A refresh of Google's critically acclaimed Pixel smartphones is expected Wednesday when the company holds its annual product launch event at the SFJAZZ center in San Francisco.
Although their features won't be known officially until Google raises the curtain on the phones at the event, leaks -- including photos -- have given the public a good idea of what's to come.
Twitter Ads info and privacy
The smaller of the two phones, the Pixel 2, is expected to have a 1080p FHD display with an aspect ratio of 16:9. Its larger brother, the Pixel XL, is believed to have a 6-inch, QHD+ display with an 18:9 ratio. The XL doesn't display as much screen real estate as some of the nearly edge-to-edge phones on the market, but the screen-to-body ratio of 80-85 percent does give the XL a thin bezel look.
The XL reportedly will support a Wide Color Gamut and include a Google Imaging Chip, and the 12-MP cameras in either one or both of the phones will support optical image stabilization.
Although there isn't a lot of flashy technology in either of the units, the XL may include an Active Edge feature on the left side of the phone that will allow you to mute calls and alarms, as well as launch Google Assistant, by squeezing the phone.
Google may be upping the storage ante by bundling unlimited Google Cloud storage with the mobiles.
Ditching Headphone Jack?
The new phones will have dual stereo speakers, based on several reports. That seems likely, especially for the XL, made by HTC -- a company known for producing phones with loud, crisp, distortion-free sound.
Like other new smartphones, the new models may come without a 3.5mm headphone jack.
The new units reportedly are built around the Qualcomm Snapdragon 835 chipset and run Android 8 Oreo.
Other features include an E-SIM card slot, which provides for connection to networks without replacing the phone's SIM card; a second-generation Google fingerprint reader; IP67 dust and water resistance; and Gorilla Glass 5.
The Pixel 2 has a 2700 mAh battery, while the XL boasts a 3520 mAh power plant.
Both phones have 4 gigabytes of memory and either 64 or 128 gigabytes of storage. Pricing has been reported at US$649 (64 GB) and $749 (128 GB) for the Pixel 2. The XL will sell for $849 (64 GB) and $949 (128 GB).
The Pixel 2 will start shipping Oct. 19 and the XL Nov. 15.
Taking on Apple and Samsung
With the latest phones from Apple and Samsung already in the market, the new Pixel offerings are getting out of the blocks late. That may not be too much of a disadvantage, though, since the Pixels don't seem to be targeting likely iPhone X and Galaxy Note customers.
"They seem to be more of a direct competitor to the Apple 8 and Galaxy S8, as opposed to the X and Note, which represent exceptional offerings," said Ross Rubin, principal analyst at Reticle Research.
"They're premium products, but they're not positioned as an absolute top-of-the-market, best-of-the-best, based on the specs out there now," he told TechNewsWorld.
Although features are important, Google has other ways to appeal to consumers shopping for an Android phone.
"Where it can differentiate is on the tight integration between hardware, the Android OS and Google's services, no doubt using Android 'O,'" observed David McQueen, research director for consumer devices at ABI research.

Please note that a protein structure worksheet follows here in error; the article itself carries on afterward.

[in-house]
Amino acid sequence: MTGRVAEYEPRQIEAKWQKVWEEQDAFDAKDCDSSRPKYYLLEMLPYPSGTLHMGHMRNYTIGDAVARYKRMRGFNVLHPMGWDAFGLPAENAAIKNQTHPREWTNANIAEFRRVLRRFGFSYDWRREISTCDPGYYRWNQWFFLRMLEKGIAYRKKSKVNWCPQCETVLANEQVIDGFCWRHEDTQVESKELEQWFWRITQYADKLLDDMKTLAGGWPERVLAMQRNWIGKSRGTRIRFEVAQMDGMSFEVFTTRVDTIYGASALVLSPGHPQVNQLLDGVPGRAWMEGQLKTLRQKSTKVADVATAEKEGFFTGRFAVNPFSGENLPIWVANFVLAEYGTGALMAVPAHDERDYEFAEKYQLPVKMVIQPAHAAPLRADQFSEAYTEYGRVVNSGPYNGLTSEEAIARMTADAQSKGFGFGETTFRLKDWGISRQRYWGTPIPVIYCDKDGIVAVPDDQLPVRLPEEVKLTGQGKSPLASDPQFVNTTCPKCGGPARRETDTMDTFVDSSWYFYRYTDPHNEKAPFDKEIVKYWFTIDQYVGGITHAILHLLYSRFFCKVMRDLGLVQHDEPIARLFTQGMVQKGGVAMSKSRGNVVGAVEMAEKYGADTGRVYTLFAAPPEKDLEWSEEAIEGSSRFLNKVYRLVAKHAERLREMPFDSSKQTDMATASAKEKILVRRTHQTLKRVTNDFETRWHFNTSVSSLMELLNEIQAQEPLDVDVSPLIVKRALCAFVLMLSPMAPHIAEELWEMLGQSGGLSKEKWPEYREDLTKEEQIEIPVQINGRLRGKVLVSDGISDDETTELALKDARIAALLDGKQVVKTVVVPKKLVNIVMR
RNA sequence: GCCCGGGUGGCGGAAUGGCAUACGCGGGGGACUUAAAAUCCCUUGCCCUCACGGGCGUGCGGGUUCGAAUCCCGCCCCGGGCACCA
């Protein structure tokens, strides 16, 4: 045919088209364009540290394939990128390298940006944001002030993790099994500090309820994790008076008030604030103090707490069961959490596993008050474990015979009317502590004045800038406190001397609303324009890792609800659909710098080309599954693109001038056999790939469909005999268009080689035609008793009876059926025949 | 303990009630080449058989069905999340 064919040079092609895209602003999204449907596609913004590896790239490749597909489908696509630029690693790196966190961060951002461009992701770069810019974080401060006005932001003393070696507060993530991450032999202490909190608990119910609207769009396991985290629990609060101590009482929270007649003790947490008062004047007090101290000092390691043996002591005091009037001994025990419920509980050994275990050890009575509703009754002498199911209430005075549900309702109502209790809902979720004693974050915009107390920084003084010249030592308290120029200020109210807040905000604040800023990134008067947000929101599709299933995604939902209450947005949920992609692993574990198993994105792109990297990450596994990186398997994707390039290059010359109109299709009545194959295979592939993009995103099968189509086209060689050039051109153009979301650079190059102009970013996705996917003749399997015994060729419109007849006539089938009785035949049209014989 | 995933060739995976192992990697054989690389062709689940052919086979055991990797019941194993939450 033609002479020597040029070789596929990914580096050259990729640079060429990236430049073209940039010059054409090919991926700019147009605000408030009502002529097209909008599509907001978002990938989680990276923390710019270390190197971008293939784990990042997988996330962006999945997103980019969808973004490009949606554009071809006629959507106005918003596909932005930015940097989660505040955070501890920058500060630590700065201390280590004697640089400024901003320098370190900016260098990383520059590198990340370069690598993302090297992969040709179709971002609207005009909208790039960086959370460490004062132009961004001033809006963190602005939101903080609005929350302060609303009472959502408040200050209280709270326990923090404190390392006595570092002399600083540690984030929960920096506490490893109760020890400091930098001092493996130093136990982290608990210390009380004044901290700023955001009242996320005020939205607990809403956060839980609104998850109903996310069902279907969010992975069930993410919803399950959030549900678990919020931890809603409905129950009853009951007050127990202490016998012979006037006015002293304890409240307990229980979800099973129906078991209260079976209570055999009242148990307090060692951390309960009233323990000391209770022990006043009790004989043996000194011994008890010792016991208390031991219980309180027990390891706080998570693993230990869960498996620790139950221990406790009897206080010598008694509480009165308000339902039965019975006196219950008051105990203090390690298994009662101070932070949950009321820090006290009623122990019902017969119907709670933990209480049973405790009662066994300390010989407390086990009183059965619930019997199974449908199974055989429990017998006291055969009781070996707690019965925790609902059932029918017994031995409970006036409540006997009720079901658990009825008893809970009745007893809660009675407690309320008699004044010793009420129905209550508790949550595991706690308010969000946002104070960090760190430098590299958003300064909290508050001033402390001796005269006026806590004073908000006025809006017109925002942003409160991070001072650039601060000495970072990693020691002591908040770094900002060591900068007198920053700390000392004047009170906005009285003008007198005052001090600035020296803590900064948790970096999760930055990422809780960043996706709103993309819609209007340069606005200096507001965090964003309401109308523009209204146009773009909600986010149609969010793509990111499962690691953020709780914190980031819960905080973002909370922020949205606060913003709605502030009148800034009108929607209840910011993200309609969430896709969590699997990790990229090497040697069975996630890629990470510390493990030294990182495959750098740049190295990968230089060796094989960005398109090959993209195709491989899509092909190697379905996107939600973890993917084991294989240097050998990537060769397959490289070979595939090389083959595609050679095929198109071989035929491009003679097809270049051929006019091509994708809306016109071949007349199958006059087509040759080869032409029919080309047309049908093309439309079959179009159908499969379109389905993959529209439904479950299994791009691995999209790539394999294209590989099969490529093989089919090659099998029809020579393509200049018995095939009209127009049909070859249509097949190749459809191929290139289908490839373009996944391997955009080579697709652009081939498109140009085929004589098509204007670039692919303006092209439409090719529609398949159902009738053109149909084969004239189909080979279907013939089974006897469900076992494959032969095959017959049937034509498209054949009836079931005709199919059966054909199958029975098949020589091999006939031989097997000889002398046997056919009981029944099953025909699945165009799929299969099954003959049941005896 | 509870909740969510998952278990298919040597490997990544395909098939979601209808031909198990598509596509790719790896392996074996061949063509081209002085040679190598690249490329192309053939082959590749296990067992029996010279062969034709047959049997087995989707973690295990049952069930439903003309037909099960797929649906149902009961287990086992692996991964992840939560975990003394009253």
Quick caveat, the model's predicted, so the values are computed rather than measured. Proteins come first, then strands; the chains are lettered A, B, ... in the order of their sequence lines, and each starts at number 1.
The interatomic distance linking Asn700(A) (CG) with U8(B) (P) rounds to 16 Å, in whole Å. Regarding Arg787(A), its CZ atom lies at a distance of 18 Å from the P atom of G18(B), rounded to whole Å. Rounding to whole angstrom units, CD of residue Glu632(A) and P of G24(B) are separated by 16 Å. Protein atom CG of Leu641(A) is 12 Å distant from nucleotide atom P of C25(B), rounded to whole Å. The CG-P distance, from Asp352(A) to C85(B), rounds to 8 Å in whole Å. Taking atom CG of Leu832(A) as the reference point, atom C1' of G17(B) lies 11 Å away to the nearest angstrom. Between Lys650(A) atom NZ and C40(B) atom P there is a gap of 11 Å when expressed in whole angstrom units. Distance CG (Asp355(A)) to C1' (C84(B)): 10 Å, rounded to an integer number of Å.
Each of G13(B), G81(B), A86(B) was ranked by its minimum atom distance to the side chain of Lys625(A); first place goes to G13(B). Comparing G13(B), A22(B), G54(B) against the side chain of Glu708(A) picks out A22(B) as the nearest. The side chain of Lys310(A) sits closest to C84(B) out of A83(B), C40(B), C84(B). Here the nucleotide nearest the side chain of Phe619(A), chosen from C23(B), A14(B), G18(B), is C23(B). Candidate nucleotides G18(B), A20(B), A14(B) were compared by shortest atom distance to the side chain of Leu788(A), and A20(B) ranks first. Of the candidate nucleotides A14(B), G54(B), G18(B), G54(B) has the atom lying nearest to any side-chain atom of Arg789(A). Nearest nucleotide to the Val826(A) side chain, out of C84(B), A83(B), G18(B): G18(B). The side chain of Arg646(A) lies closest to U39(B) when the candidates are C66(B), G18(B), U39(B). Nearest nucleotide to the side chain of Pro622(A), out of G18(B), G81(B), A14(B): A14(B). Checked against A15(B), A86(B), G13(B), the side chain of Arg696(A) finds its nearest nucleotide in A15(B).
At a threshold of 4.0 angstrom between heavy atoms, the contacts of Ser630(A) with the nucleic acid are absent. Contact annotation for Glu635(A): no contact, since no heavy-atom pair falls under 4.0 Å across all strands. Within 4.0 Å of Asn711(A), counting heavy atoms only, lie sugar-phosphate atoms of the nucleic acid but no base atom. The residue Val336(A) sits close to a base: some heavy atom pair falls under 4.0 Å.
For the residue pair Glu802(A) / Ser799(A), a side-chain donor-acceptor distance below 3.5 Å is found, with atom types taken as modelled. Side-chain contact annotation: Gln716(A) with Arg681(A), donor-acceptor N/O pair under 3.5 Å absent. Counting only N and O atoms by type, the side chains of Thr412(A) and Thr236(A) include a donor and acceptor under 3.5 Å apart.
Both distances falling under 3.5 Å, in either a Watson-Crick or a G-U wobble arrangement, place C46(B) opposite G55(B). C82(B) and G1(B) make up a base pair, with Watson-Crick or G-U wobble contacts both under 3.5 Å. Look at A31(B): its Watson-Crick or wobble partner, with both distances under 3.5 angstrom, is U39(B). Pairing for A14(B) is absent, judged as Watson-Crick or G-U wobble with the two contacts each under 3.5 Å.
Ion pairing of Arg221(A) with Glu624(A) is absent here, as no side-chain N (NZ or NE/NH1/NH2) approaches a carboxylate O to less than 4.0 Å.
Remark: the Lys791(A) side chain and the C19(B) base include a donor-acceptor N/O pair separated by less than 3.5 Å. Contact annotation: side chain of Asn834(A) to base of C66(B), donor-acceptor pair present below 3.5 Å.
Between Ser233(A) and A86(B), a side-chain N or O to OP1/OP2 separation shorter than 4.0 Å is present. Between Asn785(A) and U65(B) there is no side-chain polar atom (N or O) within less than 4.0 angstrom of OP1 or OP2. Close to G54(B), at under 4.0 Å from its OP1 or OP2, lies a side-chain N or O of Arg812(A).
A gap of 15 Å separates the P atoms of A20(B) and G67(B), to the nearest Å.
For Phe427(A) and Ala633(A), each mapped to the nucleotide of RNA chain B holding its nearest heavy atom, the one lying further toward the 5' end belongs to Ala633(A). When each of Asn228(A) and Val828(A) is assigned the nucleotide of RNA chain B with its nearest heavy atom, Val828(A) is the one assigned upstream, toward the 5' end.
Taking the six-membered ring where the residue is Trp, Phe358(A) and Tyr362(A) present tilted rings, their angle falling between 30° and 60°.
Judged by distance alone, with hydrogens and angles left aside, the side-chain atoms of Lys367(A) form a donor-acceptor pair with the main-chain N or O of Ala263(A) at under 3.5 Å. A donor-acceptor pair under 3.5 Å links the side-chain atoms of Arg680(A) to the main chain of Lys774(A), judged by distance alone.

"Hardware is less important to Google than services," he told TechNewsWorld. "They want eyeballs on their services the way Facebook does."
Hardware design seems to take a backseat to software in the Google universe.
"The design of the new phones is fairly conventional, which is probably on purpose," said Kevin Krewell, a principal analyst at Tirias Research.
"Google wants to feature the Android operating system above the physical aesthetics of the phone," he told TechNewsWorld. "The phone should be functional, but it's really the software that counts for user interaction."
That approach may be just right for the person Google is trying to reach with the Pixel.
"The buyer of a Google Pixel phone is likely someone who is heavily invested in the Google ecosystem and wants the most pure Android experience and faster updates," Krewell said.
The first generation of Pixel phones, although receiving good critical notices, weren't runaway bestsellers. However, that doesn't mean the phones aren't doing what Google wants them to do.
"Success is always nice, but the new Pixel solutions are part of a larger Google hardware ecosystem that includes Pixel Chromebooks, Home speakers and VR headsets that also leverage the company's growing services ecosystem," said Charles King, principal analyst at Pund-IT.
"Neither Apple nor Samsung has anything that approaches those Google capabilities," he told TechNewsWorld.
Capturing the attention of shoppers isn't a problem just for Google but for all smartphone makers -- especially makers of Android phones, noted Bob O'Donnell, chief analyst at Technalysis Research.
"There some pretty nice Android phones out there, so it's going to be tough for Google's phones to stand out," he told TechNewsWorld. "It's going to depend on how they're sold and where they're sold -- other aspects besides the pure tech."
One of Google's advantages is that it can offer a "pure" form of Android unadulterated by carriers or phone makers.
"Yet up to now, they've have only very modest success with the Pixel," O'Donnell said. "That suggests to me that Andoid buyers aren't as interested in that as a differentiator."